The Cost-Benefit Group Prepares Report on the Effect of Potential Superfund (NPL) Designation of the Gowanus Canal upon Nearby Property Values

April 17th, 2009

Within 24 hours of being contacted the Cost Benefit Group, produced a 12-page report on the Effect of Potential Superfund (NPL) Designation of the Gowanus Canal upon Nearby Property Values for Toll Brothers; Sive, Paget & Reisel; and Environmental Liability Management.

The Gowanus Canal, located in northwest Brooklyn, New York is connected to the Gowanus Bay in Upper New York Bay. The canal borders the neighborhoods of Red Hook and South Brooklyn to the west and Carroll Gardens to the east.
Kenneth Acks directed the research which reviewed the literature on the effects of potential Superfund designation upon property values, and determined that the evidence indicates that Superfund designation will generally increase risk associated with a site and surrounding properties -- and thus diminish property values. The designation will reduce values beyond diminution levels expected from the contamination absent placement on the list. The report also noted that the current economic crisis increases the likely diminution from Superfund designation. In a buyers’ market developers and homebuyers will be able to easily find properties at affordable prices that do not face the risks posed by Superfund designation. In addition, risks tend to be multiplicative, and the combination of greater financial risk, market risk, economic risk, environmental risk and regulatory risk is likely to prove devastating.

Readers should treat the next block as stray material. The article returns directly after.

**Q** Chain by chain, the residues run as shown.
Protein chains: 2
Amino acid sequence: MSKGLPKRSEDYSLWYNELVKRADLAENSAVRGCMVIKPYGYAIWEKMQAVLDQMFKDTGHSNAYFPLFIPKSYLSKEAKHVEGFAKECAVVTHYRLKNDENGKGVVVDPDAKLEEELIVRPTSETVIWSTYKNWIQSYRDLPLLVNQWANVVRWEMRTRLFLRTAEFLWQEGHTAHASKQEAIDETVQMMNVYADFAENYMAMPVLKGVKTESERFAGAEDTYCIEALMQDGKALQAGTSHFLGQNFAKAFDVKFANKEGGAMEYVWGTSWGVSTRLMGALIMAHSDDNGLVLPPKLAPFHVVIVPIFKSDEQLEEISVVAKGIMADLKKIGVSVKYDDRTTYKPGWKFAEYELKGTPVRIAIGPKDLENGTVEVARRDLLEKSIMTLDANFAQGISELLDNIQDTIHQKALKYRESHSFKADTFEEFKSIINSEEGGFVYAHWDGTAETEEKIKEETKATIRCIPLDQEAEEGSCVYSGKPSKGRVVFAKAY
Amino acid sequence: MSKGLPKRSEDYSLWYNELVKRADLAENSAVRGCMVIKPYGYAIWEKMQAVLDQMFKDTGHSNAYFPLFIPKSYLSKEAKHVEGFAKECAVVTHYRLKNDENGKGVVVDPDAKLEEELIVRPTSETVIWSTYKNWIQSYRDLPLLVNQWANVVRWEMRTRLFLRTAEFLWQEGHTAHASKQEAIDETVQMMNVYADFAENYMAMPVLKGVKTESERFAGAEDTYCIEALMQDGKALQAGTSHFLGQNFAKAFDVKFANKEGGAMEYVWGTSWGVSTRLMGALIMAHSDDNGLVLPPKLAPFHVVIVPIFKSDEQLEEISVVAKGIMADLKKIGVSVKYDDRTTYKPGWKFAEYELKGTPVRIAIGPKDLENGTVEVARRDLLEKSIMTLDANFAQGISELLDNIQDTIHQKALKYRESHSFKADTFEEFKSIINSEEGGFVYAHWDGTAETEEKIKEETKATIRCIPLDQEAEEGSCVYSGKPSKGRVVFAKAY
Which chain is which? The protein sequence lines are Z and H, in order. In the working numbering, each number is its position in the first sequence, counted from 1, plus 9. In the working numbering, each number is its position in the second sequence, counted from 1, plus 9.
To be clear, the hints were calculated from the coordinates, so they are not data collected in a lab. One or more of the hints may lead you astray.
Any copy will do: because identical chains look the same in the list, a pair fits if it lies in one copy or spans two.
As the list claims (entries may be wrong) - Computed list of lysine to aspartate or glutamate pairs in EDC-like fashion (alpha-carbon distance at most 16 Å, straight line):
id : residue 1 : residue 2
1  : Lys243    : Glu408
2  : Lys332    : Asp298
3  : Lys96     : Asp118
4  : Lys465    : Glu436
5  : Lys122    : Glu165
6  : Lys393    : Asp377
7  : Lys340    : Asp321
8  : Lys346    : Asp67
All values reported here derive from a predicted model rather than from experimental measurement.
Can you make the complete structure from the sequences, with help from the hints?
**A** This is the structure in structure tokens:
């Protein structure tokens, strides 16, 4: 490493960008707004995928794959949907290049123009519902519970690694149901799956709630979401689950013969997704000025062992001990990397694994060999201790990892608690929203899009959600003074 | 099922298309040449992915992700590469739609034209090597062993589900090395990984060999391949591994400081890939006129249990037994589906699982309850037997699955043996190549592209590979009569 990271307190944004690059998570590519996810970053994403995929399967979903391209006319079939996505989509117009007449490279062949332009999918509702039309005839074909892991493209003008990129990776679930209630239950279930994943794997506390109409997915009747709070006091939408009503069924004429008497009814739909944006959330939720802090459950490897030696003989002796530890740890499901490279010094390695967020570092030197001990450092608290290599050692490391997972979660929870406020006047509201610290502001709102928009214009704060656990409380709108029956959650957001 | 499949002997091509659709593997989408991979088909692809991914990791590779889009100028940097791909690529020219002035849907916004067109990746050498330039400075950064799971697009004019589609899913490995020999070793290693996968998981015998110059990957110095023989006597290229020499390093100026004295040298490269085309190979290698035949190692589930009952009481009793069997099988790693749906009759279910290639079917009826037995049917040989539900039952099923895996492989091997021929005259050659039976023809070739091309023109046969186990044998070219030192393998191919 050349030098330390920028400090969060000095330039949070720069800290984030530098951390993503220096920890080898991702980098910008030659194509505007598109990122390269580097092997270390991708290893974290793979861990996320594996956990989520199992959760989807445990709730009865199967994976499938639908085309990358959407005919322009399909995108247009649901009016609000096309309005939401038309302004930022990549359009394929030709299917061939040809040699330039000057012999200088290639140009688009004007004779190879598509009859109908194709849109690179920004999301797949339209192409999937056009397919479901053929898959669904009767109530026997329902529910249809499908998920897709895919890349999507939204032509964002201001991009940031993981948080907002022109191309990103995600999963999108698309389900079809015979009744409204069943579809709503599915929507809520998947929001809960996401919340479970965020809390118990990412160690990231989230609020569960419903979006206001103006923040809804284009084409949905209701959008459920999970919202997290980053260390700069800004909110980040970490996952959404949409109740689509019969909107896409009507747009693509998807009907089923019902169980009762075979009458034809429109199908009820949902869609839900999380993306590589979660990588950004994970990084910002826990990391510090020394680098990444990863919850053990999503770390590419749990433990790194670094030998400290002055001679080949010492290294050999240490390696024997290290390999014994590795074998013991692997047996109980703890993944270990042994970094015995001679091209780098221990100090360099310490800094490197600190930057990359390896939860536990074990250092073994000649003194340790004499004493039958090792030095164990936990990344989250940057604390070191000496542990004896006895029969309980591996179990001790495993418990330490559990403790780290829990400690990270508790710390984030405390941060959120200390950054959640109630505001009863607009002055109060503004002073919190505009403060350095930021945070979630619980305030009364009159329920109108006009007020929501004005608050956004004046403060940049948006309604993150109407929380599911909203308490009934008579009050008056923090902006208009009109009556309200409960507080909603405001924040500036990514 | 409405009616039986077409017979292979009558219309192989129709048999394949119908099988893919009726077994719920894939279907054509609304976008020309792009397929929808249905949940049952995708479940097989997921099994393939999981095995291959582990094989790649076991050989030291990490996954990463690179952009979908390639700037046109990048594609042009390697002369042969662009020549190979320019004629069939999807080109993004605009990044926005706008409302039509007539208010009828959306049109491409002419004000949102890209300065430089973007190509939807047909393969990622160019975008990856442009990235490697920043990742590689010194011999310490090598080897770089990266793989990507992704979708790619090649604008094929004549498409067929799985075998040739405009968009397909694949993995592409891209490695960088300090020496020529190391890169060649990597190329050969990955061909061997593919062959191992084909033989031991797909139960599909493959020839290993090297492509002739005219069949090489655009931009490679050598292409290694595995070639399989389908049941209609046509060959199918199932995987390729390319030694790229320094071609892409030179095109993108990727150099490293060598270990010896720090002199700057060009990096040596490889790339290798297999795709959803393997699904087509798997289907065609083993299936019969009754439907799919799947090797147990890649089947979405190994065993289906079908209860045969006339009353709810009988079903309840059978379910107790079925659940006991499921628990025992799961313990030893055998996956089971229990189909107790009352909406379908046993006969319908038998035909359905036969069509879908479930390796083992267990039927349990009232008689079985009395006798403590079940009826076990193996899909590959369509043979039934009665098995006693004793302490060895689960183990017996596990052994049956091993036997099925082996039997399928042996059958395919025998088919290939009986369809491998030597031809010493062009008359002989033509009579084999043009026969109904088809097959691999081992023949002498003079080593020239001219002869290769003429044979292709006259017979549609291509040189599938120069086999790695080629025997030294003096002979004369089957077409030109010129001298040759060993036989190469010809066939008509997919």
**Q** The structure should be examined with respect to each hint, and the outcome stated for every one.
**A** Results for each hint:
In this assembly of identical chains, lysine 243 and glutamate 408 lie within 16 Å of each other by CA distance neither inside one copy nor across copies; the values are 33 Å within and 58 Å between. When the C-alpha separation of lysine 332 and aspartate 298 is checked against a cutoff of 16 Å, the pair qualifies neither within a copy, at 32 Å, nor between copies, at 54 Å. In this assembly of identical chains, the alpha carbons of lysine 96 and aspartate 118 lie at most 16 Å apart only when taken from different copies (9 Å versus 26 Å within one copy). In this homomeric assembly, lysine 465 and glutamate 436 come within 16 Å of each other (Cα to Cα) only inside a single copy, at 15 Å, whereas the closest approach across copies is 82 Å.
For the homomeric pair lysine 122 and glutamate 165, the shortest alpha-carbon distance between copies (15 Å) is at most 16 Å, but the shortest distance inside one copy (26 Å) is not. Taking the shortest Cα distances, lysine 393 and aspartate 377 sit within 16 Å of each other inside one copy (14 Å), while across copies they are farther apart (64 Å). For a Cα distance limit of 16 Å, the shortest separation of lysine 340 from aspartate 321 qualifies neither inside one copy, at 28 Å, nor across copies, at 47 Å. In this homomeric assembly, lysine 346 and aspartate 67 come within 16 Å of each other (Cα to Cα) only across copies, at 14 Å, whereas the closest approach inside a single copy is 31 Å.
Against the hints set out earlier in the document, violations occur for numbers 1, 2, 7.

The Gowanus neighborhood was originally a tidal inlet of navigable creeks in original saltwater marshland and meadows. The first gristmill patented in New York was built in Gowanus after1635. On May 29, 1664, several residents were granted permission to dredge a canal at their own expense in order to supply water to run the mill.

In 1849, the New York Legislature authorized the construction of the Gowanus Canal by deepening Gowanus Creek, to transform it into a mile and a half long commercial waterway connected to Upper New York Bay. After exploring numerous alternative (and some more environmentally sound) designs, the final was chosen for its low price tag. The canal was essentially complete by 1869.

Despite its relatively short length, the Gowanus Canal was a hub for Brooklyn's maritime and commercial shipping activity. Factories, warehouses, tanneries, coal stores, and manufactured gas refineries sprang up as a result of its construction. Much of the brownstone quarried in New Jersey and the upper Hudson was placed on barges with lumber and brick and shipped through the canal to build the neighborhoods of Carroll Gardens, Cobble Hill, and Park Slope. In addition, the industrial sector around the canal grew substantially over time to include: stone and coal yards, flour mills, cement works, and manufactured gas plants, tanneries, factories for paint, ink, and soap, machine shops, chemical plants, and sulfur producers, all of which emitted pollutants.

Thriving industry brought many new people to the area but important questions about wastewater sanitation had not been properly addressed to handle such growth. All the sewage from the new buildings drained downhill, into the Gowanus. The building of new sewer connections only compounded the problem by discharging raw sewage from neighborhoods even farther away into the Canal. By the turn of the century, the combination of industrial pollutants and runoff from storm water, fortified with the products of the new sewage system, rendered the waterway a repository of rank odors, euphemistically called by wise-cracking locals "Lavender Lake". After World War I, with six million annual tons of cargo produced and trafficked though the waterway, the Gowanus Canal became the nation's busiest commercial canal.